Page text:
RICHMOND, Va. (AP) - Democratic Gov. Terry McAuliffe says he’ll be actively promoting measures in this year’s legislative session aimed at strengthening the state’s ethics rules and making it easier to vote, priorities that will likely face a difficult path forward in the GOP-controlled General Assembly.
McAuliffe said Tuesday he also supports legislation to ban lawmakers from using their campaign accounts for personal use, calling the move a necessary complement to a $100 gift cap that lawmakers approved earlier in his term.
“There has been a gigantic, gaping hole in our ethics reform here in the commonwealth of Virginia,” McAuliffe said, promising to “lean in” on the issue even though it faces dim prospects.
Lawmakers enacted a $100 gift limit after embarrassing details emerged about former Gov. Bob McDonnell and his family taking luxury gifts from an executive who was seeking state support for his business selling a tobacco-derived anti-inflammatory product.
But good government advocates said the limits have done little to change the political culture: Instead of spoiling lawmakers with sports tickets and vacations, businesses, special interests and other big donors are helping subsidize luxurious fundraisers and padding campaign accounts for lawmakers who rarely face tough reelection campaigns.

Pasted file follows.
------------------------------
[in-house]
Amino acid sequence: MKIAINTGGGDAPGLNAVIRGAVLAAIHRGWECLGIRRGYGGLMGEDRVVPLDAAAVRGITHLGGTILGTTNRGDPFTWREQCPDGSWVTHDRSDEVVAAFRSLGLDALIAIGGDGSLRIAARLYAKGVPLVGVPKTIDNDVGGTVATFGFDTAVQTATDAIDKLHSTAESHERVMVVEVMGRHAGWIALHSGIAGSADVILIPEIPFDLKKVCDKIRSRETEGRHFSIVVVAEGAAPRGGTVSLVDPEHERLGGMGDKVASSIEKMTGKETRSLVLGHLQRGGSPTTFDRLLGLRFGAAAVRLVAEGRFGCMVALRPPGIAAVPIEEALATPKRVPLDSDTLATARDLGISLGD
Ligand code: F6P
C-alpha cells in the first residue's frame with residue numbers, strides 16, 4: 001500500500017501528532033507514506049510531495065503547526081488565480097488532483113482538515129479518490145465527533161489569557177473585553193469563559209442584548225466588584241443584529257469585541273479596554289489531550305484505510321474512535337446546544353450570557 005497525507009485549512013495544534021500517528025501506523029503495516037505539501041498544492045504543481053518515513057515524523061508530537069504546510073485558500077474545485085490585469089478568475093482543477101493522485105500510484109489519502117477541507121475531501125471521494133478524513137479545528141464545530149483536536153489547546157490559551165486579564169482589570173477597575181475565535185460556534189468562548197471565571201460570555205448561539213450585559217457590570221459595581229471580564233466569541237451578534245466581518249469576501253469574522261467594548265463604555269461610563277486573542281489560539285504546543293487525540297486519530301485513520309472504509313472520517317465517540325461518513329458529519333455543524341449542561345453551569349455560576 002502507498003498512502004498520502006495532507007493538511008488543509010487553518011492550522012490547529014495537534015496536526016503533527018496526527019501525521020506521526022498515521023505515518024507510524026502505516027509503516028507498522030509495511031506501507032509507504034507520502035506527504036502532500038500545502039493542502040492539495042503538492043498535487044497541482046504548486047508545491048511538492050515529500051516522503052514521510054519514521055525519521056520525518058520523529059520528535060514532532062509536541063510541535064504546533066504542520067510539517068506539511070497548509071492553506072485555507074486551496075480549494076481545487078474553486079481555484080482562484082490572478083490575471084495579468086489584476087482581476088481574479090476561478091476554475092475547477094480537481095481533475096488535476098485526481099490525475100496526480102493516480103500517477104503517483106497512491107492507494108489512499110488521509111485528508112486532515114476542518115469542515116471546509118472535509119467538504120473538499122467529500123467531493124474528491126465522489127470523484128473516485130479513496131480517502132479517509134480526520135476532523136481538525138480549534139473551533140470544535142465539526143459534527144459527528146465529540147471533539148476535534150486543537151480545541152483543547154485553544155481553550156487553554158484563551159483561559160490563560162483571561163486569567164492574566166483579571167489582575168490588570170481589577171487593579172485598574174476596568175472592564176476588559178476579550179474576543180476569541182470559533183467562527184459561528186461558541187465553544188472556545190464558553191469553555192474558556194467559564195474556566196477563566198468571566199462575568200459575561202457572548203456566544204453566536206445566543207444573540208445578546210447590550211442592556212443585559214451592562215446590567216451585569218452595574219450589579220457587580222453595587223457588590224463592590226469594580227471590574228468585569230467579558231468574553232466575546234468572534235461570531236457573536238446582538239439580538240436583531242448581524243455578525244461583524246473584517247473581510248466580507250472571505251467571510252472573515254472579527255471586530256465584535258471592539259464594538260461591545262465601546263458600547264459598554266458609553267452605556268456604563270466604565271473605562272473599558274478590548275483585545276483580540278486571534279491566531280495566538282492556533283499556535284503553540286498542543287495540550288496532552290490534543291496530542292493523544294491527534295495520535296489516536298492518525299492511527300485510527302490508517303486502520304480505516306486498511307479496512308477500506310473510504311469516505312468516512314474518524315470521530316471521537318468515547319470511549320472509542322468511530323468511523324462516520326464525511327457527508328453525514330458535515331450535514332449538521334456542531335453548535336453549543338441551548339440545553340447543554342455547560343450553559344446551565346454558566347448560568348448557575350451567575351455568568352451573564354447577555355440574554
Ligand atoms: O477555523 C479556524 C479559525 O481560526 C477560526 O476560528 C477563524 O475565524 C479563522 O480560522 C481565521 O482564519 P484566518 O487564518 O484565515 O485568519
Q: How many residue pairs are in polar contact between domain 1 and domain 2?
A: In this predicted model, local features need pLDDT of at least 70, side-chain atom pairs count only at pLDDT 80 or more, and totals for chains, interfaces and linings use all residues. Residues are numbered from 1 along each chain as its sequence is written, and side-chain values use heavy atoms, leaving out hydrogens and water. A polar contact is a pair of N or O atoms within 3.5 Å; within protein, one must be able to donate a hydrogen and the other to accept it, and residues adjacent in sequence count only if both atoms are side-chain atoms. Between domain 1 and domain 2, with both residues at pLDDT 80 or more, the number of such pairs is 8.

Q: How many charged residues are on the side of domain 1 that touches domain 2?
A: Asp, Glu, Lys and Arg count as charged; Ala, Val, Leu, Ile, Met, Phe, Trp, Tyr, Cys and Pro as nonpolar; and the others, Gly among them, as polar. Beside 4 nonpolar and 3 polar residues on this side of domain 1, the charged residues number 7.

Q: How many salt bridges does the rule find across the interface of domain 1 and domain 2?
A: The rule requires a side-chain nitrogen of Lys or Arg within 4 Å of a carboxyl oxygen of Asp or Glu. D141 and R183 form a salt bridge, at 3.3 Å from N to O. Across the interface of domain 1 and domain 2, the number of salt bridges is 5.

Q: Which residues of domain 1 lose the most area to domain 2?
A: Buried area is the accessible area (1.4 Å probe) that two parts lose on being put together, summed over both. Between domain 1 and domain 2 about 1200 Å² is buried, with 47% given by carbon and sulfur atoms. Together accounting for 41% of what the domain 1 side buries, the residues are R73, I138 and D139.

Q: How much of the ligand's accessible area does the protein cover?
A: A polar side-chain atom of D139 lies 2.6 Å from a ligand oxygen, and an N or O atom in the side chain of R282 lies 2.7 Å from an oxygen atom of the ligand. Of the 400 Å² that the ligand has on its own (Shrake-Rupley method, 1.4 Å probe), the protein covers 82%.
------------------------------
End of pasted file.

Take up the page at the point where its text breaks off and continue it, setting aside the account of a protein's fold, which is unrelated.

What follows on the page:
Virginia has one of the least restrictive and policed campaign finance systems in the country, with lawmakers only barred from using campaign funds for personal use once they close out their accounts.
An Associated Press review of the state’s campaign finance system last year found that some lawmakers frequently use campaign accounts to pay for expensive meals and hotels, as well as personal expenses like gas and cellphone bills.
Similar legislation banning personal use was scuttled last session and legislative leaders have shown little appetite for changing the state’s campaign finance system.
The governor also wants to allow for in-person early voting as well as increase the reasons why a person, including those after children, can vote absentee by mail.
McAuliffe was joined by his wife, Dorothy, to promote the legislation.
“As the very blessed mother of five children, all of whom were under the age 10 at one point, I know how difficult it can be, whether caring for one child or many, to get to the polls and stand in line to vote,” Dorothy McAuliffe said.
The governor also wants to repeal the state’s voter ID law, which he said limits voting accessibility and is unnecessary because “there is no voter fraud” in Virginia.
Republicans reacted swiftly to that proposal and signaled that it had no chance of passage.
“It is unfortunate that Governor McAuliffe wants to repeal a commonsense law that protects the integrity of the ballot box,” House Speaker William J. Howell said in a statement.
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